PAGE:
I found some great sources for those who are in the early process of purchasing a commercial building generator…
6 Steps to Finding the Right Generator
Whether the goal is meeting business needs or conforming to code requirements, most large organizations include generators in new facility designs. But planning for back-up power is no simple task, and the sizeable investment involved makes it essential that facility executives understand the pivotal decision-making points in a generator project.
The first step is identifying what the generator will power. Every building that has a generator will have two types of loads: those for which codes require emergency power and those for business-critical systems. Each load must be documented. It is wrong to assume that a generator will cover the entire electrical system and that it will be business as usual in the event of a utility outage. This level of backup requires a significant outlay of capital; whether that investment is called for can only be determined by analyzing a facility’s needs.
All related loads should also be considered in the documentation. For example, if computer systems are on the generator, it is necessary to put HVAC cooling for the computer room on the generator as well. To close the loop on items like these, all key decision makers should be involved in planning. In addition, outside consultants often are employed to determine how codes will affect a project.
When the documentation is complete, an engineer can size the generator and transfer switches. This sizing will indicate the electrical and physical requirements, which in turn affect the location of the generator.
Curated from www.facilitiesnet.com
Sizing a generator for a commercial building
I understand that the Final Answer can only come from a trained professional, but I imagine that there have to be back-of-the-envelope calculations here.This is for an office in New England, and their last electric bill (which he said was on the high side), was 16240 kwh. They’ve had middle-of-the-day power outages that have been painful, and are looking to see what it takes to get whole-building generator power.I know one plans for max capacity, not average, so how does one take the above number and do something with it? My first guess would be to essentially assume the whole month was composed of nothing but business hours, so divide by 20 days and then 8 hours.16240 / (20 x 8) = 101kwWhat are the best back-of-the-envelope calculations for this kind of thing? Given the above, is 100kw obviously undersized, obviously oversized, or there’s no way to know?Note: I’m more interested in the algorithm in general than I am in the particular answer for this customer.Steve–Stephen J. Friedl | Unix Wizard | Microsoft Security MVP | Orange County, California USA | my web site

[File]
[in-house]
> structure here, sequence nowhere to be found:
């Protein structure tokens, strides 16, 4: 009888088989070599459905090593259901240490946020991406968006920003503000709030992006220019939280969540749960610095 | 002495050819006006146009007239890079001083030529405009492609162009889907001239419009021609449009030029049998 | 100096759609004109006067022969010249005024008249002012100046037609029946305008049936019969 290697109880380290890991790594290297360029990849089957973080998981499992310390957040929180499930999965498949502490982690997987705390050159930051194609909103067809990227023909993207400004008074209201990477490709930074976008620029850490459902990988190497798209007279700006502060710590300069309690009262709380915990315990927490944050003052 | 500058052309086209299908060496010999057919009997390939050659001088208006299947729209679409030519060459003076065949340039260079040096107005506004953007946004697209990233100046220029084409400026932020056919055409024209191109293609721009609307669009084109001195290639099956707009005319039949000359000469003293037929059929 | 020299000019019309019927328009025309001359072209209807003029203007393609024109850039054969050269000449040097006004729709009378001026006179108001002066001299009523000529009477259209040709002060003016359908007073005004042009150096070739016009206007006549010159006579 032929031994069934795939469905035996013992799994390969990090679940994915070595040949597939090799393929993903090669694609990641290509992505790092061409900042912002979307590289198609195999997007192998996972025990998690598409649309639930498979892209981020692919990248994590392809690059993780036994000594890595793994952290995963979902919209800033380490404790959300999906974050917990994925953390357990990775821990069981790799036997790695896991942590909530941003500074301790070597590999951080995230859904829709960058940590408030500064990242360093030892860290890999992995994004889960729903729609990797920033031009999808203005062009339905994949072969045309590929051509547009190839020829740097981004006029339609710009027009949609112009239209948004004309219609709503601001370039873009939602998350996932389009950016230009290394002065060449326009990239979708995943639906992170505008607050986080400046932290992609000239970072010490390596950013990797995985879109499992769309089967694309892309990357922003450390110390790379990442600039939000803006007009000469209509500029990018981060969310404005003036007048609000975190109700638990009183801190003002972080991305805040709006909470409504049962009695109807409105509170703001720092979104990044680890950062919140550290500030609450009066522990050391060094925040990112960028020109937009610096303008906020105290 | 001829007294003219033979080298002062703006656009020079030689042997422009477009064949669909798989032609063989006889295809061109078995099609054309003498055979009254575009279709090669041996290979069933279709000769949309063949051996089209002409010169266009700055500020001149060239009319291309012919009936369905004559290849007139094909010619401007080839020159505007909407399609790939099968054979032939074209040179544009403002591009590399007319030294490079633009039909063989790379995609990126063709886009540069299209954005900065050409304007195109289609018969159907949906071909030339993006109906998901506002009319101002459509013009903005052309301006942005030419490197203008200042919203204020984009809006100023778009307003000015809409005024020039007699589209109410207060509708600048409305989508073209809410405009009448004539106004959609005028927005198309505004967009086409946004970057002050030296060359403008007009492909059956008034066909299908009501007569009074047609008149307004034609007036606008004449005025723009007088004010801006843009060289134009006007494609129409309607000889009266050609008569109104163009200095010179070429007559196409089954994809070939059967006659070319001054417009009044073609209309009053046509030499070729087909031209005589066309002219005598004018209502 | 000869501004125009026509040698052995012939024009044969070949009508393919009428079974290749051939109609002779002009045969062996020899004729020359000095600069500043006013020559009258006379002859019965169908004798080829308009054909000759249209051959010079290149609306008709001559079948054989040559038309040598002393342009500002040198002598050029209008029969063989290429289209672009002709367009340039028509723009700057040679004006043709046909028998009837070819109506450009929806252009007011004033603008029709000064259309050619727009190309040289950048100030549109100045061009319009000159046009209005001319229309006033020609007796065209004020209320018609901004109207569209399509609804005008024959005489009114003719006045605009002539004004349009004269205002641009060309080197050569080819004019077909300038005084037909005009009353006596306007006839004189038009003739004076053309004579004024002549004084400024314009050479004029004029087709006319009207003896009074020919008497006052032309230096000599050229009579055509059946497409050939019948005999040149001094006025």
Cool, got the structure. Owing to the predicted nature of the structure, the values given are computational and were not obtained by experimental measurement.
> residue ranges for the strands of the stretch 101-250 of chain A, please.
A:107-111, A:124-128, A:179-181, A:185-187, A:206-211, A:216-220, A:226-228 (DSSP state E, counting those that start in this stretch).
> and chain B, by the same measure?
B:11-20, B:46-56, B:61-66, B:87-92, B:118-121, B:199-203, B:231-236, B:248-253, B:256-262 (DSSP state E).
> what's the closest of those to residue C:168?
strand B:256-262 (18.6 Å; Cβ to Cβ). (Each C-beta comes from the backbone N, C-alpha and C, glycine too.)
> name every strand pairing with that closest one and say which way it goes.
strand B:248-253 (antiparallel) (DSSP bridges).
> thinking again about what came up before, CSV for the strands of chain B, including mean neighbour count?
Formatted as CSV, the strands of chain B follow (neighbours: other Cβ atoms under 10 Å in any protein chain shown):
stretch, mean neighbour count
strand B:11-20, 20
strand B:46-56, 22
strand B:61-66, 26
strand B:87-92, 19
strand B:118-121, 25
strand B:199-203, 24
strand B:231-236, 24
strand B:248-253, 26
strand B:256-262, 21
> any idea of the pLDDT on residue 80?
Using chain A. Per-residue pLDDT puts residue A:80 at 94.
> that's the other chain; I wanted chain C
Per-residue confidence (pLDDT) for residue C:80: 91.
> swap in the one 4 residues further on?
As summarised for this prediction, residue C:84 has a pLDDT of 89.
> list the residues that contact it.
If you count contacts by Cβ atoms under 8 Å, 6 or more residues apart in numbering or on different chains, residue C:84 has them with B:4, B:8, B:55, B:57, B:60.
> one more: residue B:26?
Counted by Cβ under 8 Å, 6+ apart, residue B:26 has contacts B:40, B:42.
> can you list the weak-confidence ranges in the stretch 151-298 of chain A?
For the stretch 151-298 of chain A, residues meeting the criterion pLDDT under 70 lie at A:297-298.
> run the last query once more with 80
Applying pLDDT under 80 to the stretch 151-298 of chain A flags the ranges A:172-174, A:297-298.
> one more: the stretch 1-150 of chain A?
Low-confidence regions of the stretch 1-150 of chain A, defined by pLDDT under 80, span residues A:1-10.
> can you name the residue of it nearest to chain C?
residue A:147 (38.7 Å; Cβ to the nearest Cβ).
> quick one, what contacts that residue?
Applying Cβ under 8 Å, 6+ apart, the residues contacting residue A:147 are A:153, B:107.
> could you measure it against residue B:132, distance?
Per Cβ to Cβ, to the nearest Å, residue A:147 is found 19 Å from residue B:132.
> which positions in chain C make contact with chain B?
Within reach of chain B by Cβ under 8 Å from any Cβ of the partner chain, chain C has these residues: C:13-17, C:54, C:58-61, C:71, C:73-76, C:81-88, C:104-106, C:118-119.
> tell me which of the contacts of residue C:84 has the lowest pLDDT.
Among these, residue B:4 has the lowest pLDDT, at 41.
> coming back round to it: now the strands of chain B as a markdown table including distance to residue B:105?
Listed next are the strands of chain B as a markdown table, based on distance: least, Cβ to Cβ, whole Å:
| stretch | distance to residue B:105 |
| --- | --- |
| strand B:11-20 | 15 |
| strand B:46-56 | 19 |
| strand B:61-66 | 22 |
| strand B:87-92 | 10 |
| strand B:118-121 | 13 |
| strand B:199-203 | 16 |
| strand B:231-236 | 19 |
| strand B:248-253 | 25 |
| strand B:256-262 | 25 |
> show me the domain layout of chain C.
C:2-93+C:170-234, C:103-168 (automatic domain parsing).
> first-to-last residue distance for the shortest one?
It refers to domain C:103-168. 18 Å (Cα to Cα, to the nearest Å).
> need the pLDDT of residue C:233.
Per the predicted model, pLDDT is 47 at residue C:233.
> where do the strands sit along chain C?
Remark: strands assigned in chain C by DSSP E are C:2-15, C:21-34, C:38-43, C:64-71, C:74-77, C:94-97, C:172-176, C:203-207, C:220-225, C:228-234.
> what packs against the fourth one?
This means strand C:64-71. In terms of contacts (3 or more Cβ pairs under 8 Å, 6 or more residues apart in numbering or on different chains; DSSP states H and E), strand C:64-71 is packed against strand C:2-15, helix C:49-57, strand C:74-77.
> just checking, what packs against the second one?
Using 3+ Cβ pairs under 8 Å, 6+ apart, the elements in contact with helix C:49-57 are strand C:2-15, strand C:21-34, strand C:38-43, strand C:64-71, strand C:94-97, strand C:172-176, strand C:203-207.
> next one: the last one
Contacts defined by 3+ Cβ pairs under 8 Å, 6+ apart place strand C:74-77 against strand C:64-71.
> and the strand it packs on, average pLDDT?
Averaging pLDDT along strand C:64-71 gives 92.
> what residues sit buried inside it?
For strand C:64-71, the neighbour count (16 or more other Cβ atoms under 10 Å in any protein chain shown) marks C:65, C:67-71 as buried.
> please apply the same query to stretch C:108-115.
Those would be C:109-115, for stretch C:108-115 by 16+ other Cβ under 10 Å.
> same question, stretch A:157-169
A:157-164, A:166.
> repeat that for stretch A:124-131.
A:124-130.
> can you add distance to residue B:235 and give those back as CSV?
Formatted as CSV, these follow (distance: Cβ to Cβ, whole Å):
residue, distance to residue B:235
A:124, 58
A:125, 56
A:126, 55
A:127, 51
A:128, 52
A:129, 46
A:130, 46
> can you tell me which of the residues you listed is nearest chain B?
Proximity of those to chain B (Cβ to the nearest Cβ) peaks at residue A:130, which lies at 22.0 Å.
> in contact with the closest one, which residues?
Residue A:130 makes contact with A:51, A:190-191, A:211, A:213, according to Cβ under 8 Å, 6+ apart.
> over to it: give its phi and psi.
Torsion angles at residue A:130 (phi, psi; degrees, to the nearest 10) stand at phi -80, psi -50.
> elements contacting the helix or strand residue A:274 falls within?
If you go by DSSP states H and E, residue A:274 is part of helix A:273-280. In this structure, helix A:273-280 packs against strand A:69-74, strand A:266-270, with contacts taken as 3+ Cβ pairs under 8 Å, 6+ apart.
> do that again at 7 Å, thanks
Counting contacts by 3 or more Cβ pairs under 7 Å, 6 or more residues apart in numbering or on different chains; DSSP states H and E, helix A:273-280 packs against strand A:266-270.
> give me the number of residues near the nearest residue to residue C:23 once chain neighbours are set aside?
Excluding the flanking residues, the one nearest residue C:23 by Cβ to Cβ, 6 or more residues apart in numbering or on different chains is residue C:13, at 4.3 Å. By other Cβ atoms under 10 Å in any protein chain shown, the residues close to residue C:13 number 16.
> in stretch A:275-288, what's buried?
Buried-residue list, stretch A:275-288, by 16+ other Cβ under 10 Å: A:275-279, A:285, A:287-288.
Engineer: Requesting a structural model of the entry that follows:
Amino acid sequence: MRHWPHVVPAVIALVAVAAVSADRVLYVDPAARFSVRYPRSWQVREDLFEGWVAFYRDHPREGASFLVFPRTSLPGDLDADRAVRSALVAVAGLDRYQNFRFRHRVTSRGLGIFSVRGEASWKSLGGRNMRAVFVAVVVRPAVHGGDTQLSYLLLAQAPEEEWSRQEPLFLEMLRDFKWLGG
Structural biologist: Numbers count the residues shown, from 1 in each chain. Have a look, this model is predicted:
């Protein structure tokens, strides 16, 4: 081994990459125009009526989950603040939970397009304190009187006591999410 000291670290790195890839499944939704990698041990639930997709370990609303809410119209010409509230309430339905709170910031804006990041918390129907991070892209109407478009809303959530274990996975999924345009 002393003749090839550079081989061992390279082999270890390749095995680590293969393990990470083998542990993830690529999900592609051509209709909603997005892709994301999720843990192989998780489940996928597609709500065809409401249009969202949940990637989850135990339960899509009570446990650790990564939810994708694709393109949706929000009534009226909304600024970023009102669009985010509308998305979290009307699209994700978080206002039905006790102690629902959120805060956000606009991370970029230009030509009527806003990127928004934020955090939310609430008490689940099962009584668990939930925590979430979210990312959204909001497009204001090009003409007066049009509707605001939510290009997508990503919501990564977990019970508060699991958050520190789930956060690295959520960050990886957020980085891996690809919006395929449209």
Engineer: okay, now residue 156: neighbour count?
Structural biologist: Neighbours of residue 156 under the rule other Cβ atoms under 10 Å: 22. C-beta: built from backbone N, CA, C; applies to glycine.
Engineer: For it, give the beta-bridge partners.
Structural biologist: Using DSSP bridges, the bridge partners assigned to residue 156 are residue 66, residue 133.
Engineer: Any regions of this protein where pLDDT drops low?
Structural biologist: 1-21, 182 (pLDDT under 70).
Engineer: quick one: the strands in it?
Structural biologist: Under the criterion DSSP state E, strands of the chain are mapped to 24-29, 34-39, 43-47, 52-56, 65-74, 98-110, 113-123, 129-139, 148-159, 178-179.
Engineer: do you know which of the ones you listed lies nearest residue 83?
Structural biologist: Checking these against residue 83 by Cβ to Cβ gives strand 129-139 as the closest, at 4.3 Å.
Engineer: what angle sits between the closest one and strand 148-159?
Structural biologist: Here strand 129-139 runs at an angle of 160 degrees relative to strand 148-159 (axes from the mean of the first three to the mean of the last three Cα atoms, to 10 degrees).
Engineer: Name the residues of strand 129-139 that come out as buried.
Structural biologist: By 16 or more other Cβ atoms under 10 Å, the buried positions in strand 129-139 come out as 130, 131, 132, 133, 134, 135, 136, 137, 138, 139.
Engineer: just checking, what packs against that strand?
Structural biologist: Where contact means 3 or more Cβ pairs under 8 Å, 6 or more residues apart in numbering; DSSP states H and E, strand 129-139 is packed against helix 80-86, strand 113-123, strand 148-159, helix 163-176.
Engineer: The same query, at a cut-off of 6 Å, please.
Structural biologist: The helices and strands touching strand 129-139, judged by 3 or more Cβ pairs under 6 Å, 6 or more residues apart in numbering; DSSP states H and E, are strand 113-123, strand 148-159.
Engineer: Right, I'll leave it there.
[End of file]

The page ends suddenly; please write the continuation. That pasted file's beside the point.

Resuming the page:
There’s no algorithm or magic involved. It’s simple math for the most part. You have to determine the total connected load. Many commercial buildings have load shedding or limited backup. For instance, every other row of lights may be kicked off, or only X number of A/C units may run at one time.Things like the elevator and fire pumps would continue to run.It’s generally not economically viable to try and pick up the entire load of a commercial building. Instead, using a smaller generator or generators, is a nice compromise.Normally in a commercial situation, the generator is integrated with the building control system. The BCS usually handles lighting, HVAC, fire alarms, premise alarms, entries, etc…–Looks like Reverend Wright got his wish – God Damn America.Nancy Pelosi – House Minority Leader 2010Harry Reid – Senate Minority Leader 2010
Curated from www.dslreports.com
How to Pick the Perfect Commercial Generator
Commercial-grade generators are custom built based on your needs, so its important to select the right voltage.
The utility power into your business is typically three-phase, which supports a larger electrical demand.
Your best bet is to purchase a generator that matches the incoming utility voltage. This way, you can restore power to both electrical panels.
Curated from www.electricgeneratorsdirect.com
What’s a Commercial Generator?
A standby commercial generator keeps your power on and your business open during an outage. It’s installed outside your business (like an AC unit) and comes on automatically — whether you’re open or closed. All within seconds of a power outage.
Plus commercial generators run on propane or natural gas, so there’s no refueling.
We’ll take you step-by-step through the generator sizing process. And when, you’re done, you’ll get a good estimate of the right generator for your business.
Manual power transfer once generator is on site (building requires pre-wired generator connection panel)
Curated from www.kohlergenerators.com